Opinion: ODOT pedestrian bridge is tolling 'consolation prize'
ODOT's proposed bike/pedestrian bridge between Oregon City and West Linn is another example of its non-essential priorities.
What's more important? Having the ability to use the I-205 Abernethy Bridge without paying a toll, or having the ability to walk and/or ride a bike across a new pedestrian bridge? ODOT is studying having a $2 toll just to cross the I-205 bridge in peak hours. If you had a choice to get across the Willamette River and not pay a toll, would you choose to reroute to the old Oregon City-West Linn Arch Bridge, or get on a bike or walk and use a new pedestrian bridge? How many of the approximately 105,000 to 110,000 average daily crossings of the Willamette River on the I-205 bridge will choose to reroute their trips?
If you need to use more of the I-205 corridor out to the Stafford interchange, the proposed toll would be an additional $4. Would you reroute to other roads just to stay away all of these proposed tolls? What is called the Toll Diversion Factor is made up of those who will reroute attempting to find a less costly way, which is estimated to be close to 40% -- those who would drive between 10 to 15 miles out of their way to avoid paying a toll.
A non-essential bike/ped bridge could be bonded with a local vote of the people, who would determine if it is important and worth it. We in Clackamas County could play hardball like people in Portland, where they get everything for free, like moving a whole school and capping the I-5 Corridor at the Rose Quarter.
U.S. Sen. Ron Wyden said that it is not fair to toll this section of the I-205 Corridor, but the governor and the Legislature voted to toll us, and it is like they want to give us a consolation prize in a non-essential pedestrian bridge paid for from tolling us to use the I-205 Abernethy Bridge. I hope no one who reads this has a business in and around Clackamas County, as this proposed tolling will hit the economy hard and the brick-and-mortar retail businesses the hardest.
There is not a lot of toll revenue that even can be reinvested. ODOT plans to hire an out-of-state company to administer tolling collection, and they historically get about 30% of the gross revenue off of the top. ODOT and Metro will take between 10% and 15% in new staffing hires, and then the next 10% to 15% will fund investments into non-road, highway or bridge needs; it is to go to things like an Equity and Mobility Advisory Committee for projects to level the playing field for a percentage of the population that has been found to have been inequitably treated in their lives. This also funds bike paths, trails, and yes, the new bike and ped bridges.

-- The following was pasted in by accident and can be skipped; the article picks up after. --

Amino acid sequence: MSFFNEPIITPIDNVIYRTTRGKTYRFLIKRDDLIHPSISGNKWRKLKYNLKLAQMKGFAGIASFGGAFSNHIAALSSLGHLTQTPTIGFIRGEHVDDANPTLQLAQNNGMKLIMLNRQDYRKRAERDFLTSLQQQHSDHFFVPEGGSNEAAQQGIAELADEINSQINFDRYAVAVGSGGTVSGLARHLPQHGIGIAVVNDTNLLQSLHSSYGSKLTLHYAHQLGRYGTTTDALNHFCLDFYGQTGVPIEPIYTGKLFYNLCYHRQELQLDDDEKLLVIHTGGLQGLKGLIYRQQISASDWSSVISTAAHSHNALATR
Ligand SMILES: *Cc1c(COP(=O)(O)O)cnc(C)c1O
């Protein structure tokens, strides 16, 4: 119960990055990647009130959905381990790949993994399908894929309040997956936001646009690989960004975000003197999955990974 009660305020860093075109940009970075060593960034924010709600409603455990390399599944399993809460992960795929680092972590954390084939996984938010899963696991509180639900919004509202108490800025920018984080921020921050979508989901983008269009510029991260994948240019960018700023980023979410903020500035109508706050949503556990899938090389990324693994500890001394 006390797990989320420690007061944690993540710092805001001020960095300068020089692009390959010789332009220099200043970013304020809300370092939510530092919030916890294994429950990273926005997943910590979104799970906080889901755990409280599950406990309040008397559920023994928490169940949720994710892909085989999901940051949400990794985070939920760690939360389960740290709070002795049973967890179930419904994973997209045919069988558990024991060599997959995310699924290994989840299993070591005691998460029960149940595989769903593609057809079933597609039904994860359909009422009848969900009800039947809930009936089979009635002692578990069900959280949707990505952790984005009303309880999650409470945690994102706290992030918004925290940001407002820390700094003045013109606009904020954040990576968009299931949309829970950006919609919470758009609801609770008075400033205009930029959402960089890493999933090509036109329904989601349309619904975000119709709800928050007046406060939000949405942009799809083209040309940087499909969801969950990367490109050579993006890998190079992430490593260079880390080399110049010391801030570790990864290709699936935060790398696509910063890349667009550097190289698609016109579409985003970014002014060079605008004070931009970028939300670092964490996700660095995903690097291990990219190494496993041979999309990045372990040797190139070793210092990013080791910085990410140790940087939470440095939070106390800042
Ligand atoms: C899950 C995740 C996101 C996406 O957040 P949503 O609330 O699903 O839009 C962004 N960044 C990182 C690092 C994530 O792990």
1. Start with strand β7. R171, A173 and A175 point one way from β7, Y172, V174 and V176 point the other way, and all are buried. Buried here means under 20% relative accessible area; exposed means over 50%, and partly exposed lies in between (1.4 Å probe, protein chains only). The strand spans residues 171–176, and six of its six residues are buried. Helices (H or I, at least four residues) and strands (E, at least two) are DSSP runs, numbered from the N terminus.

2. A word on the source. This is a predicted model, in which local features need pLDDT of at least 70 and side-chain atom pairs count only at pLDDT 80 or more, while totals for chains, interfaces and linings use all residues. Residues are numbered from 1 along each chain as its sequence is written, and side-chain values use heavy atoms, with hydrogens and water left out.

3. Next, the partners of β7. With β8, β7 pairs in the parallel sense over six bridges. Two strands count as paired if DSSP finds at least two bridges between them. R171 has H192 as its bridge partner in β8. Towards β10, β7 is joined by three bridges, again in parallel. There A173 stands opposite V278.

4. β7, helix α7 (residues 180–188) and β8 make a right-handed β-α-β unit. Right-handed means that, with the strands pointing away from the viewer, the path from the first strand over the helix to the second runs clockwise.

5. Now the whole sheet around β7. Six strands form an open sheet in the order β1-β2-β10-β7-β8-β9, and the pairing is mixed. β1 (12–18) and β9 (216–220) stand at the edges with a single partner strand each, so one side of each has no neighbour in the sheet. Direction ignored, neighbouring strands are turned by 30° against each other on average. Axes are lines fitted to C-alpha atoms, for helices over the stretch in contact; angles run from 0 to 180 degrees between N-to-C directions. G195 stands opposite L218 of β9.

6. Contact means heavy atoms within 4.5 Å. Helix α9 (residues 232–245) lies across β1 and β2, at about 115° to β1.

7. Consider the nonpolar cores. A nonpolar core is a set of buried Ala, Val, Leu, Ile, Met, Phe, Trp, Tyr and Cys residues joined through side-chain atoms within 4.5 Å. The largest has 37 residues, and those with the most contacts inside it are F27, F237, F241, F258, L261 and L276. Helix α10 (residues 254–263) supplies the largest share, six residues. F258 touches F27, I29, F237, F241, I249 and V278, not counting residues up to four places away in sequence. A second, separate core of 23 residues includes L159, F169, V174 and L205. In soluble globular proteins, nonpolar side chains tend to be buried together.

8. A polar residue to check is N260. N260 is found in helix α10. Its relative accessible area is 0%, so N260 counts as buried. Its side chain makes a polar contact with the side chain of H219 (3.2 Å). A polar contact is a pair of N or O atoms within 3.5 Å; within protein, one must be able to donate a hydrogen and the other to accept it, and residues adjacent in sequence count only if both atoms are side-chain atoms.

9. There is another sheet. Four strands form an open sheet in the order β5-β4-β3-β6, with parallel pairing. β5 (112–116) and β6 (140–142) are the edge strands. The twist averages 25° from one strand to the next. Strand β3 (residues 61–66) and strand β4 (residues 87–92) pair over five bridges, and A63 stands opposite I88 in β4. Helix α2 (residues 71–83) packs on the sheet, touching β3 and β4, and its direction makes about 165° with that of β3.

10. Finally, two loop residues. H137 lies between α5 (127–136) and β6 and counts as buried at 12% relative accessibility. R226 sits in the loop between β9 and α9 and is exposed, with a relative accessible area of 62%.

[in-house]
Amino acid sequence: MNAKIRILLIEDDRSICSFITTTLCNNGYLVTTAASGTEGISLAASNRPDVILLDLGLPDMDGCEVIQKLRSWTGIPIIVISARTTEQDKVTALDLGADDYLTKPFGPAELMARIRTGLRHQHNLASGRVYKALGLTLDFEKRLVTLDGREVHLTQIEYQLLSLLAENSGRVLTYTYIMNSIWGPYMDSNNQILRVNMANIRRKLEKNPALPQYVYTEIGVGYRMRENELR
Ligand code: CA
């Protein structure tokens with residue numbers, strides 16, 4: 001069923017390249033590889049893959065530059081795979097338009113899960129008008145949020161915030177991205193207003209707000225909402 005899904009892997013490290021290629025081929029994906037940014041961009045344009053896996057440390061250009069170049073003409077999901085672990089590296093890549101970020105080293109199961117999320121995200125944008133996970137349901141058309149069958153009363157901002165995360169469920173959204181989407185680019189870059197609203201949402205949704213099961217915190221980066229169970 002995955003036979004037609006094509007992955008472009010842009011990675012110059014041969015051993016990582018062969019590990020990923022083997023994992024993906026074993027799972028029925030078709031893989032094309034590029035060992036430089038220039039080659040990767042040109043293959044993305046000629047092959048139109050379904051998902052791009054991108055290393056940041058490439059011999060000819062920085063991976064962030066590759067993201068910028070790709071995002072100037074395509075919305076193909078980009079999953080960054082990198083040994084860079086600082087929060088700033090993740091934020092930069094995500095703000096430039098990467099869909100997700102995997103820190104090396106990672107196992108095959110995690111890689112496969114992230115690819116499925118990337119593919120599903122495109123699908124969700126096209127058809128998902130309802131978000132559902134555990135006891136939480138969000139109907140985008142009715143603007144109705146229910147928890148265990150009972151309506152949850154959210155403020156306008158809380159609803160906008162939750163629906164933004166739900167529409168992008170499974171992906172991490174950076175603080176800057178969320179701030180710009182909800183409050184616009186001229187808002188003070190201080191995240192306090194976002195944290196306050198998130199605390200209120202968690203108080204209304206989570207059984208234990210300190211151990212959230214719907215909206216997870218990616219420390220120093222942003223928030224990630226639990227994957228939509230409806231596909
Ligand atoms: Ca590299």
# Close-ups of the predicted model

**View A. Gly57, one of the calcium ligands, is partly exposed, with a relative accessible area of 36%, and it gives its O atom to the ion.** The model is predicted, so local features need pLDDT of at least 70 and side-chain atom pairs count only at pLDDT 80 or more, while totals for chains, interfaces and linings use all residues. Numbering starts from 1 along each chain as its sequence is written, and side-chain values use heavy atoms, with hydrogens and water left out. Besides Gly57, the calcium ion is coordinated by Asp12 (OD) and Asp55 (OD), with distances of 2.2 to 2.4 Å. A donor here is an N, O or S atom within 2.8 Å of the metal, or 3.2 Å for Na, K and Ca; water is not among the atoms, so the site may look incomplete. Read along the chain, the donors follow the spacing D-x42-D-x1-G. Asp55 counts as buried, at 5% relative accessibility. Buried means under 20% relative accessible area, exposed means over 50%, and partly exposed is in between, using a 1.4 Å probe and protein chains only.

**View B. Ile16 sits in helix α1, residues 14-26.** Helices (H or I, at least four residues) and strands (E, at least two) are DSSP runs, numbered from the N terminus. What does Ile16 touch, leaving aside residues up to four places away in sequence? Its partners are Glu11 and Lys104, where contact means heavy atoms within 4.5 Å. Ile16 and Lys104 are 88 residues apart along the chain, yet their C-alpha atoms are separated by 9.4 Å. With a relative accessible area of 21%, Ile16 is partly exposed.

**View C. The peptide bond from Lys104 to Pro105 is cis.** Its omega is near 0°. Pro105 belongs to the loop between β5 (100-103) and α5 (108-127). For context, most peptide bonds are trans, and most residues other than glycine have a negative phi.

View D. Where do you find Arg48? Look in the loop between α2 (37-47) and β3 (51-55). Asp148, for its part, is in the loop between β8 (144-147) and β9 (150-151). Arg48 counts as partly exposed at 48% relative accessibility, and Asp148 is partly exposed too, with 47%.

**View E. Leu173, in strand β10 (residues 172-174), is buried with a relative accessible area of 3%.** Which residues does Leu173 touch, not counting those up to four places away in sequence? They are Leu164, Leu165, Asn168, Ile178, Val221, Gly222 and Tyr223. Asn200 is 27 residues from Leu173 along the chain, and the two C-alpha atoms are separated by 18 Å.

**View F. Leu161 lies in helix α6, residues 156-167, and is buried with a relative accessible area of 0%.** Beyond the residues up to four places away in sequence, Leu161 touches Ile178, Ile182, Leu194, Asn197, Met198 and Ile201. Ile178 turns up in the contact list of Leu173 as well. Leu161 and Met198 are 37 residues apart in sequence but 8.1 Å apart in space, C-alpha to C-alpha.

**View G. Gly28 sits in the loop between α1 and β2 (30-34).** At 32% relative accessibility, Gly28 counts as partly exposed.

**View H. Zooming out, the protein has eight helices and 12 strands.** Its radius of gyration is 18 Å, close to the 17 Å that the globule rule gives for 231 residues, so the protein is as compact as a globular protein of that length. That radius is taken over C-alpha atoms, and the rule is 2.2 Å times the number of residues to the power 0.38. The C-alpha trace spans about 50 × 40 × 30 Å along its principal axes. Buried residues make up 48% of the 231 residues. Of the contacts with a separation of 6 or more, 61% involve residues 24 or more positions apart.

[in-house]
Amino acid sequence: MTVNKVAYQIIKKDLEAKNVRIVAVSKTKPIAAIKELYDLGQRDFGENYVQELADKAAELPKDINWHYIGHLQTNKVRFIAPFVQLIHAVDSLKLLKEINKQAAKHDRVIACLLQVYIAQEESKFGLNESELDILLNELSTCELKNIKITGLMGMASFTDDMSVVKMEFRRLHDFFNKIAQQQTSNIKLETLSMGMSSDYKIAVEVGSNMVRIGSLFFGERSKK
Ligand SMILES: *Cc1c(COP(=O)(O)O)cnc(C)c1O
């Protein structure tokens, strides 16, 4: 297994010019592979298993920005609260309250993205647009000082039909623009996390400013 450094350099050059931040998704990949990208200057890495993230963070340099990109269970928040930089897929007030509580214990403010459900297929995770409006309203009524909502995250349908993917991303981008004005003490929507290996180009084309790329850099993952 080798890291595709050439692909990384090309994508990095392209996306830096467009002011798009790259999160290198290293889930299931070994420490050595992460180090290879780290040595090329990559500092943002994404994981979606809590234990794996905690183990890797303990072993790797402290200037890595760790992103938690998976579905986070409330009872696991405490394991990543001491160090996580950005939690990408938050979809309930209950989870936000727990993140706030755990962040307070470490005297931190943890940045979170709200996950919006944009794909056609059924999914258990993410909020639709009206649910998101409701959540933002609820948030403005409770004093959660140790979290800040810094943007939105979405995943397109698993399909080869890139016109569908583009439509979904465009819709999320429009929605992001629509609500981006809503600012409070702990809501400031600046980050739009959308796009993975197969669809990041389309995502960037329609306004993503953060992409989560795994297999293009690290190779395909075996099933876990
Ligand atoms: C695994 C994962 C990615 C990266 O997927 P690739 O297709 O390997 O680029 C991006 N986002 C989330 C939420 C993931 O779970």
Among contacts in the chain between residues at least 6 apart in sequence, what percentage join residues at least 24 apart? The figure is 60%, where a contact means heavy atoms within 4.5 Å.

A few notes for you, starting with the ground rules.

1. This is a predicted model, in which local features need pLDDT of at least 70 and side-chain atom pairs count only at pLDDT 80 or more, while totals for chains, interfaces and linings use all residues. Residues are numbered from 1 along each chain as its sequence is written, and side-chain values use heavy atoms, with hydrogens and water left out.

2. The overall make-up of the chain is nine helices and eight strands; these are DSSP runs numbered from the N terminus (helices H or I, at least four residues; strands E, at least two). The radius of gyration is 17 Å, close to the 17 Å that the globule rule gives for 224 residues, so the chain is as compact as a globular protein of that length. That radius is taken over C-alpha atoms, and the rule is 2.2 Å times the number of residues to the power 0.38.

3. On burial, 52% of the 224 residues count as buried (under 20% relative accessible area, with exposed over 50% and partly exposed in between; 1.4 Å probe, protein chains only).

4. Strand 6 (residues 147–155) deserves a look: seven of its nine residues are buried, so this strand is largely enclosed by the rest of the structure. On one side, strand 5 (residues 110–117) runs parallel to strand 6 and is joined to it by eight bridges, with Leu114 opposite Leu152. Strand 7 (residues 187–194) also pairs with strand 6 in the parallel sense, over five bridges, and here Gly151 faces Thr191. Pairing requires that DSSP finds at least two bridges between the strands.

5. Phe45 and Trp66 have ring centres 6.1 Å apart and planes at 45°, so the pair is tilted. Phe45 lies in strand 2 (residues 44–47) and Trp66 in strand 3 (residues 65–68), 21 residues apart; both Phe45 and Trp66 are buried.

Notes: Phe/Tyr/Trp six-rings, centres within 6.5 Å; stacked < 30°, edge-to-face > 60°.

ODOT has a team of people determining who are low-income and plans to give them a paid pass to use the toll roads. TriMet proposes building a new Southwest Corridor Light Rail Transit Line and needs local money from our paying these tolls, and that could take between 5% and 10% of the gross toll revenue. We might even see some new bus routes coming into West Linn and Oregon City, so that we don't have to use our cars. Historically all of these things have increases in cost and that drive toll rates up and up. Seattle's toll bridge has shown this ability to squeeze more money out to pay for all of these non-essential, feel-good projects. Whatever is left over from the toll revenue will go to pay for the I-205 Improvement Project and bond interest. However, people who are just citizens like you and I are planning an initiative petition that would require a vote of the people in the immediate area to approve or disapprove of any proposed tolling. So, watch for information on notoll.army.
Paul Edgar is an Oregon City resident.
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